The compassionate work and care of all nurses deserves to be celebrated, and throughout the year, different branches of the nursing profession get the chance to spotlight their unique duties.
This week, September 10 to 17, is National Nephrology Nurses Week, sponsored by the American Nephrology Nurses Association (ANNA), and honors the work nurses do with patients who have kidney disease or are at risk for impaired kidney function.
The need in this area is great. According to the National Kidney Foundation, one in seven adults has chronic kidney disease. Many people don’t realize they have a current disease and many of those who are at risk are also unaware.
Many sub-specialties exist within nephrology nursing, so nurses in this area have many choices. To advance their careers and gain more knowledge, nurses can become certified through the Nephrology Nursing Certification Commission in becoming a nephrology nurse nurse practitioner, a certified nephrology nurse, or a certified dialysis nurse (several technical certifications exist as well).
With a varied and diverse population, nephrology nurses work with all ages of patients from the youngest patients to the oldest. They can work in healthcare settings ranging from hospitals to home care, but may also choose to pursue research, policy work in government, or a position in academia.
Renal disease can impact anyone, so nurses become comfortable helping patients with prevention, with deciding on treatment options, and guiding them to administer self care and monitoring. And while many patients are relieved to know their kidney disease can be managed, sometimes the care options (like needing dialysis) are a daunting prospect when patients first hear it. They rely on the compassionate, professional, and expert nursing care to help understand and adapt to their diagnosis. Nephrology nurses must have broad knowledge and care for the whole body as kidney function impacts so many physical systems.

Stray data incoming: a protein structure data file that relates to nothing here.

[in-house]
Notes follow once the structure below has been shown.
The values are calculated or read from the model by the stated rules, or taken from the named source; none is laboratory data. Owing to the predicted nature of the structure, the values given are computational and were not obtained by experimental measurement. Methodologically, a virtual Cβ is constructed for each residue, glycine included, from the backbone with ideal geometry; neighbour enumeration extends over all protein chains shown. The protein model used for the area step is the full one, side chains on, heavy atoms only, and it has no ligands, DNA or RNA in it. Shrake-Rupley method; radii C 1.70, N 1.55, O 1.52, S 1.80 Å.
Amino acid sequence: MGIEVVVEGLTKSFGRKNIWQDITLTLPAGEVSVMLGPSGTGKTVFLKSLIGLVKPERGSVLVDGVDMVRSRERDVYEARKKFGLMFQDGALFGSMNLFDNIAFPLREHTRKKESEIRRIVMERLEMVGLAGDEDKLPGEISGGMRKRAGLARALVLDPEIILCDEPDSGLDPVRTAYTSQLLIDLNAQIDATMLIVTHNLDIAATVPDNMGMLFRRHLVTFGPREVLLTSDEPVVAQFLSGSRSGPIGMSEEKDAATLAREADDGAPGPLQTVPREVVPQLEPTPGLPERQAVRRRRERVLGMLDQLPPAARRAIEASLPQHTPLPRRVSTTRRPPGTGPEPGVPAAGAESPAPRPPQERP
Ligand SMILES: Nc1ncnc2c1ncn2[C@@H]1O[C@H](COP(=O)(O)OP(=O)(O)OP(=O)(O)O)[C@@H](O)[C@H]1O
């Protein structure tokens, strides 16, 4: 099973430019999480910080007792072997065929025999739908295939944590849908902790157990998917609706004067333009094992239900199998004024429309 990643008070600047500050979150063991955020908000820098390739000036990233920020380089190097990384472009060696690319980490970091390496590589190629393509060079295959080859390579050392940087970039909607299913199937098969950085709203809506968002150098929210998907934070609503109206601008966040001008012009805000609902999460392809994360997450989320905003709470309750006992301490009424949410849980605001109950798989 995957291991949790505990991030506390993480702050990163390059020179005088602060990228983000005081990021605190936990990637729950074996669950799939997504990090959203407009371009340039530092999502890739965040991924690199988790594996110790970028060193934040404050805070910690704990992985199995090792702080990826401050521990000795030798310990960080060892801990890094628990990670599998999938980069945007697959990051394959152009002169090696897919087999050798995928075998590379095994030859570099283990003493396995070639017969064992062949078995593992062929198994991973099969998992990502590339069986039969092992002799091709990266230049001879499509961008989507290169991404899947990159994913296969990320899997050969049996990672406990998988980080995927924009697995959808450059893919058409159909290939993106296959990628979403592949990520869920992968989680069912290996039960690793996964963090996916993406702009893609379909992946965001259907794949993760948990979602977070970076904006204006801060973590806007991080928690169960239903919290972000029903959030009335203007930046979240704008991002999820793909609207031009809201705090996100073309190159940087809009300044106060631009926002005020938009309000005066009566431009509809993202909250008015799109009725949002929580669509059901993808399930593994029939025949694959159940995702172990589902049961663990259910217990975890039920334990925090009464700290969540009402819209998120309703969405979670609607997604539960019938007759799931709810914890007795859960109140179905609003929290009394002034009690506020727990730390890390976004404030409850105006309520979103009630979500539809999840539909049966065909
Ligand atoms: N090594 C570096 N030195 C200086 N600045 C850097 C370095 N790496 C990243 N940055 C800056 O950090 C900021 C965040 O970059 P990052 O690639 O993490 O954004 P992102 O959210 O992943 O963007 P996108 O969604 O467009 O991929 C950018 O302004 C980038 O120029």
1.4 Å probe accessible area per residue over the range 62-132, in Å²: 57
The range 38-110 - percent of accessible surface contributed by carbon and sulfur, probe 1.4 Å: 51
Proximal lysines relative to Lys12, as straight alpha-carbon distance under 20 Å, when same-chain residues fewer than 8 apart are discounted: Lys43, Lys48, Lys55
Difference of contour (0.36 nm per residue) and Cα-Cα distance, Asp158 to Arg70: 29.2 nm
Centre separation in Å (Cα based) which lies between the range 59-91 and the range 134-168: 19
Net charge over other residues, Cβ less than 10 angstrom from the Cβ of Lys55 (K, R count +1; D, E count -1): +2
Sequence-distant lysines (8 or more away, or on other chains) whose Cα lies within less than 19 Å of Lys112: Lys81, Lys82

Many kidney patients have additional conditions making their care especially complex, so a nurse who wants to get into the nephrology field needs to be able to work comfortably on a team to understand the complexities of care.
In a public letter celebrating National Nephrology Nurses Week, Alice Hellebrand, MSN, RN, CNN, and 2017-2018 ANNA president, said, “Nephrology nurses use their vision, knowledge, and skills to take action and improve patient outcomes. They make a positive difference in the lives of patients and their families every day. Individuals with kidney failure rely on the skills, knowledge, and expertise of nephrology nurses to ensure the safety and effectiveness of their life-saving care.”
Thanks to all the nephrology nurses out there!
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